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Security compliance Designing security programs GDPR

Has the Data Protection Act of 1988 been repealed?

With the landscape of privacy and security constantly evolving, it can be a challenge to know when legislation has changed with it – especially older, foundational laws like the Data Protection Act of 1988. And if an older law like this is no longer active, are organizations still subject to its requirements? For any company that stores personal data, the answer is often yes. But, the requirements typically are mandated by a modernized version of the original law.

This is the case with the Data Protection Act (DPA) of 1988. Most of its foundational ideas still exist in some form, so it's important for organizations to know exactly which portions of the law they’re still required to adhere to.

How the Data Protection Act of 2018 superseded the Data Protection Act of 1988

The Data Protection Act (DPA) of 2018 is a UK law which updated the way that organizations handle and protect people’s personal data. This law is the way that the UK specifically implements the General Data Protection Regulation (read our quick Guide to GDPR here) and the ways those regulations are enforced.

People might wonder: with the new DPA of 2018 in place, has the DPA of 1988 been repealed? A better way to frame this is that the 2018 version of the DPA now supersedes the 1988 version (and the versions that have been established since then, like the 1998 version) because of its updated procedures for the modern digital world. 

The reality is that it would be hard to repeal any law that set the stage for security and privacy in the way that this historic act did. The following are major concepts in the security landscape that the DPA of 1988 helped to establish:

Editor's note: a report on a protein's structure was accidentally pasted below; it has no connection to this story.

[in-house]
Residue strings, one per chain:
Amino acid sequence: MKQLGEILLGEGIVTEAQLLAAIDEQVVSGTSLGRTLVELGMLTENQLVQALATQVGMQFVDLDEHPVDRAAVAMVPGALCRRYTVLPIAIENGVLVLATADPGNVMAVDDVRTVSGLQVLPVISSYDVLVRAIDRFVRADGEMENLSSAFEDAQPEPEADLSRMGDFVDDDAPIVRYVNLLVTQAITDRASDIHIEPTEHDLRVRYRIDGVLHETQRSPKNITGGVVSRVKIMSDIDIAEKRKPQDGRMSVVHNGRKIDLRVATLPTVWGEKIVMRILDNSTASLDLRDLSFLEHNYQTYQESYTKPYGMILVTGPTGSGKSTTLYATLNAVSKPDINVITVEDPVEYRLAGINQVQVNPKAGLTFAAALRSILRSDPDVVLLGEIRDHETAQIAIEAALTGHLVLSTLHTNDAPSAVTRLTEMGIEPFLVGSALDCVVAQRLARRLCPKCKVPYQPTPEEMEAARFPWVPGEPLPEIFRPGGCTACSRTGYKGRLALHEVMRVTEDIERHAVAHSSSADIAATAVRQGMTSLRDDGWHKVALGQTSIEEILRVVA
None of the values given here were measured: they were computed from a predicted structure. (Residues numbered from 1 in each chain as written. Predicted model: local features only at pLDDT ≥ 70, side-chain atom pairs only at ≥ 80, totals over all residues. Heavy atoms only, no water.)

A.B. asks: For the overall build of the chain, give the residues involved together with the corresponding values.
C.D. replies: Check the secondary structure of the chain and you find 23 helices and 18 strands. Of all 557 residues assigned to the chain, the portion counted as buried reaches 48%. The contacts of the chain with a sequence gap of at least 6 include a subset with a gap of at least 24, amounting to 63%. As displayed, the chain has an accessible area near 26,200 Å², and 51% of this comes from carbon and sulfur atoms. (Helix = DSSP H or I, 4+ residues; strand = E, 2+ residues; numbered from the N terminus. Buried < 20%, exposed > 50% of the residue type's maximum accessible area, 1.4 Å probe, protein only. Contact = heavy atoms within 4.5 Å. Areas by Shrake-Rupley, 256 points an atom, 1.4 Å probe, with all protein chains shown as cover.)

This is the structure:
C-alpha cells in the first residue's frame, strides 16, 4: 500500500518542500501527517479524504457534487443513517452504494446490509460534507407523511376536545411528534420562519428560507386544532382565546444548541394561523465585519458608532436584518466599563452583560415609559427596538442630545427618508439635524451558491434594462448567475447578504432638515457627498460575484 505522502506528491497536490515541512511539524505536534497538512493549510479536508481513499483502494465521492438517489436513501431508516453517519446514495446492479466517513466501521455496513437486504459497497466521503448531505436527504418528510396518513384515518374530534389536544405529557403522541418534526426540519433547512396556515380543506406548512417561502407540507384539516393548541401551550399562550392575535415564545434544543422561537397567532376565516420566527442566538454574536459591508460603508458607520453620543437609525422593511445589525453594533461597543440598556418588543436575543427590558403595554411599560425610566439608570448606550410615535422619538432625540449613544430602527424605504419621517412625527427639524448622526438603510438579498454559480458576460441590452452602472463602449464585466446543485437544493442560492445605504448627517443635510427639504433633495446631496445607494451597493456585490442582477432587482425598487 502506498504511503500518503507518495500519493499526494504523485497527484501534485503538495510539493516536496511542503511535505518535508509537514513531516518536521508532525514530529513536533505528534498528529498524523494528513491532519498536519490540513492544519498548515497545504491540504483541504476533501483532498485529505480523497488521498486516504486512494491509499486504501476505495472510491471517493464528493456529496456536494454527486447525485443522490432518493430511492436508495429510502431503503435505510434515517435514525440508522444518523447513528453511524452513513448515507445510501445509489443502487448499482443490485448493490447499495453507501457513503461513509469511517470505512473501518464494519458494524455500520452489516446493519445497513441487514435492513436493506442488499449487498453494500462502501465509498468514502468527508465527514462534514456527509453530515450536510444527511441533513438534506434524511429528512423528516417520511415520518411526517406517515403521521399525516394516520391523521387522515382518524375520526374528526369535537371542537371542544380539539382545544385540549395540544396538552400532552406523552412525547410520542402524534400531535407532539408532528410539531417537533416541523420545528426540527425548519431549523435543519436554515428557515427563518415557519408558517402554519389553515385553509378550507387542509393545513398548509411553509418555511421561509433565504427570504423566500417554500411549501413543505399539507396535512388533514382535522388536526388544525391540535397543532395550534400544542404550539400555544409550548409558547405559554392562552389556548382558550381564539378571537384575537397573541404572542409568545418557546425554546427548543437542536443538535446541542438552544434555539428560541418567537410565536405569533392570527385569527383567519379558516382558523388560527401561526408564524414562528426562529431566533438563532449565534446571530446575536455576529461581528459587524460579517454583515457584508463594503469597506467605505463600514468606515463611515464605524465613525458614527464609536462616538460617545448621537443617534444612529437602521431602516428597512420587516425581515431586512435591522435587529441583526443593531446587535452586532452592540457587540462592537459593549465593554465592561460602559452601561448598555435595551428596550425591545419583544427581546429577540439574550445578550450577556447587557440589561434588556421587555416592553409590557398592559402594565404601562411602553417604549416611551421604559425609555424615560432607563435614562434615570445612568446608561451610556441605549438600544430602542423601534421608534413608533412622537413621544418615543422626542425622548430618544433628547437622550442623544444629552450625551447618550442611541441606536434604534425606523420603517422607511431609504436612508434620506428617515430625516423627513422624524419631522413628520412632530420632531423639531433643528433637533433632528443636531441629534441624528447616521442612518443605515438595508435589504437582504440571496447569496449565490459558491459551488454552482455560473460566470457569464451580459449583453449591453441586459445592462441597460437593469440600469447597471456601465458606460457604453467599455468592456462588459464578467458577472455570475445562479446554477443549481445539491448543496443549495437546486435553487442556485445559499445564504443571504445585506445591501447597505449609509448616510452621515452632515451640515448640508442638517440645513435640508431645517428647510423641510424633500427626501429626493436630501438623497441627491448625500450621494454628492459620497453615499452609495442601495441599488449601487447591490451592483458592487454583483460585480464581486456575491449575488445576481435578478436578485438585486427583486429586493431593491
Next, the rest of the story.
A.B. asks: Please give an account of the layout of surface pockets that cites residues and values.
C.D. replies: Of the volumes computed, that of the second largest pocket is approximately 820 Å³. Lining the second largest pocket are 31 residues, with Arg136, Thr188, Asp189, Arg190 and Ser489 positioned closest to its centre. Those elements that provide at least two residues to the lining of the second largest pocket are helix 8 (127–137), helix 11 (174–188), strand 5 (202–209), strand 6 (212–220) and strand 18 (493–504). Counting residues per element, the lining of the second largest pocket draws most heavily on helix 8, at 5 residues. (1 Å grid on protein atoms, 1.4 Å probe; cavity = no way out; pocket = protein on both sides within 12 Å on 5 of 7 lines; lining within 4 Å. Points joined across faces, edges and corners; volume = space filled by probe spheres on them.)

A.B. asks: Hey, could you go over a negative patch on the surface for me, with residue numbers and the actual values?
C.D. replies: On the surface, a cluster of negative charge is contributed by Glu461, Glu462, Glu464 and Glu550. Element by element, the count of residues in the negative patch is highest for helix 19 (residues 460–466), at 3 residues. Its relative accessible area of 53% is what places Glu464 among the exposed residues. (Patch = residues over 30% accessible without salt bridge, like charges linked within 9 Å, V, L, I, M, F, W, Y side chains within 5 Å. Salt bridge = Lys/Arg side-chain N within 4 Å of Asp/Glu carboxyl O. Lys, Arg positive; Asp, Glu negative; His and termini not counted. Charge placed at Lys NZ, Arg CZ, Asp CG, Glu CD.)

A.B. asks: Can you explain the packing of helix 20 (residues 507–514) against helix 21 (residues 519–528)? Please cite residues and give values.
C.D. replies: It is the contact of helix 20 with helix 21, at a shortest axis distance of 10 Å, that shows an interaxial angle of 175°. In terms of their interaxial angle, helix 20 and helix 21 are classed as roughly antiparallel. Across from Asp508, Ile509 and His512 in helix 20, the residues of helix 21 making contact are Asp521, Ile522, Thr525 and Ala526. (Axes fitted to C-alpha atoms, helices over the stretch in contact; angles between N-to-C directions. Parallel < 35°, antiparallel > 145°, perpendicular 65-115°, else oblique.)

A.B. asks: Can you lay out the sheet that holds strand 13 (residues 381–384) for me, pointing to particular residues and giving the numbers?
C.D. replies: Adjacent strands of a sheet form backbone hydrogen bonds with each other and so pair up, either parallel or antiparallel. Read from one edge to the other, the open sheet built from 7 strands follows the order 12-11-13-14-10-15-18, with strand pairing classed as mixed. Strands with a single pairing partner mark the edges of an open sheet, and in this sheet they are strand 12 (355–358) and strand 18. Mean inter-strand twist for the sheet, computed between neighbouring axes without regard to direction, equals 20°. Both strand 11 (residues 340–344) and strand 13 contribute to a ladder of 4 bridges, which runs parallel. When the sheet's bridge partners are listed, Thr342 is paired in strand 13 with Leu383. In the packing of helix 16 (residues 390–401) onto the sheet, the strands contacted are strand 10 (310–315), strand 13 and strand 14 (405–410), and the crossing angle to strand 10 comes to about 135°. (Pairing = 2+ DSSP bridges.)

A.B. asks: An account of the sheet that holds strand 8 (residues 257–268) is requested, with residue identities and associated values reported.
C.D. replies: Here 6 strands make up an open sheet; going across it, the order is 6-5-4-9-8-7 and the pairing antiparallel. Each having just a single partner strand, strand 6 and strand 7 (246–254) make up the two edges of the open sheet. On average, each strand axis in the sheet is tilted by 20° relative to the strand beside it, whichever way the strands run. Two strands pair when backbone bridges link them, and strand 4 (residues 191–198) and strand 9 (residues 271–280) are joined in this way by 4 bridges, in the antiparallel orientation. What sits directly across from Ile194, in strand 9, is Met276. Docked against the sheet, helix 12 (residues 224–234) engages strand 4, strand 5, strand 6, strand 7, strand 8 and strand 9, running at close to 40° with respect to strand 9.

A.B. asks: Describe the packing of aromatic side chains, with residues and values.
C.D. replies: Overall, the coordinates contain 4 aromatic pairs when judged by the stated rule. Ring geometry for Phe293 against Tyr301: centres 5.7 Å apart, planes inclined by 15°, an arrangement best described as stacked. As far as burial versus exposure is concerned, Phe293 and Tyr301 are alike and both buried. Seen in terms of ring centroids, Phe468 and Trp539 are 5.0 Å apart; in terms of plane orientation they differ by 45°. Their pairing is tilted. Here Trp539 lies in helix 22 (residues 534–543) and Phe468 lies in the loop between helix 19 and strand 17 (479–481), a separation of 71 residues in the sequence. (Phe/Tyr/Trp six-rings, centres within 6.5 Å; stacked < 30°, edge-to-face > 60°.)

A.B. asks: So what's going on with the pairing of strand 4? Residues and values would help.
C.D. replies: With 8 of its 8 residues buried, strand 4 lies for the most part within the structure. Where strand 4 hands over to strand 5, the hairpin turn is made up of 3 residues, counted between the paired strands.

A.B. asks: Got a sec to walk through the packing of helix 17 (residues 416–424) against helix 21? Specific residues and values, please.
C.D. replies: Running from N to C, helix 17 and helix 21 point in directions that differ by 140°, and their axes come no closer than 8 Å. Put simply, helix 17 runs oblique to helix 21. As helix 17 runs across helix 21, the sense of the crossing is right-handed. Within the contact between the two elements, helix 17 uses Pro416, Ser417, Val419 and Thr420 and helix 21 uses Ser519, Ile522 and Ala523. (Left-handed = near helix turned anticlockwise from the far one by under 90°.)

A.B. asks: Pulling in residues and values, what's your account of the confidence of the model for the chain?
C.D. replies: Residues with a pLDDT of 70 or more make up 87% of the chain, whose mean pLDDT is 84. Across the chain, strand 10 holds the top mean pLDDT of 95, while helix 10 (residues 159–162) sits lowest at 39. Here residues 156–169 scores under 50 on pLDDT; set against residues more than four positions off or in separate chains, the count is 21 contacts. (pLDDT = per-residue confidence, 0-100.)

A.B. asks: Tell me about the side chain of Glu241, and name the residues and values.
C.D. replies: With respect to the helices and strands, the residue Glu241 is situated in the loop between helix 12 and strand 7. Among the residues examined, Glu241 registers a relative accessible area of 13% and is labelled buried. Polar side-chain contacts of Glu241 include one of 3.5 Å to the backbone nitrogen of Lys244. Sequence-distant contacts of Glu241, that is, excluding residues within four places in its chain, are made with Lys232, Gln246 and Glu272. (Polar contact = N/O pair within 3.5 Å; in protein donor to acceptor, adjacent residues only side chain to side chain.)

• Best practices for security storage, which created a lasting, ethical framework for organizations who store people’s personal data — These practices are now also referred to as the 7 GDPR principles
  • A groundwork for consumer rights (now also referred to as the 8 GDPR Rights) — Consumers finally were given specifically defined ways to control their information that was stored by businesses or organizations.
  • Legal requirements to follow the DPA framework and ensure its consumer rights — There were heavy fines for organizations that were not in compliance.

The DPA of 1988 established foundational concepts that will continue to guide security legislation. But, those concepts have evolved to better meet the needs of the current day with updated versions like the current 2018 Act in the UK.

What’s the difference between DPA and GDPR? 

The Data Protection Act and General Data Protection Regulation are in many ways connected as forms of data legislation. The GDPR is the data privacy and security standard in the EU, and it is widely considered one of the strongest collections of data protection regulations in the world. The DPA of 2018 is the UK’s complete set of data protection systems, which includes data represented by the GDPR, but also other generalized data, like that of national security and law enforcement interest. 

There are, however, some nuanced differences between the two and areas where the DPA makes slight changes to GDPR measures to better suit the UK’s context. The following are some examples of the differences between the two:

  • Differences in the processing of criminal data – the DPA allows a larger scope of organizations to process this data, largely for the purpose of supporting investigations.
  • The GDPR has a broader definition of “identifier” as it applies to personal data, including internet cookies and IP addresses.
  • The two laws vary on the age at which a child can consent to data processing – the DPA says 13 while the GDPR says 16.
  • The DPA allows automated decision-making in select circumstances (those with justifiable cause and appropriate safeguards in place) while the GDPR generally says that personal data should not be subjected to this.
  • When considered in the public interest, the DPA allows for certain exemptions from the personal data protections that are enforced by the GDPR.

Overall, the GDPR is the security standard for working with European customers or businesses. But knowing that the DPA is the way that the UK administers and enforces this standard, while  allowing for some of its own changes, is important for anyone doing business in either region. 

Strike Graph can help you meet the requirements for the GDPR

For anyone doing business in Europe or with European customers – OR with the UK – GDPR compliance is a must.  No matter what region you’re working with, Strike Graph’s comprehensive platform will streamline your road to compliance with GDPR-mapped controls, automatic evidence collection, cross-team task distribution and more.

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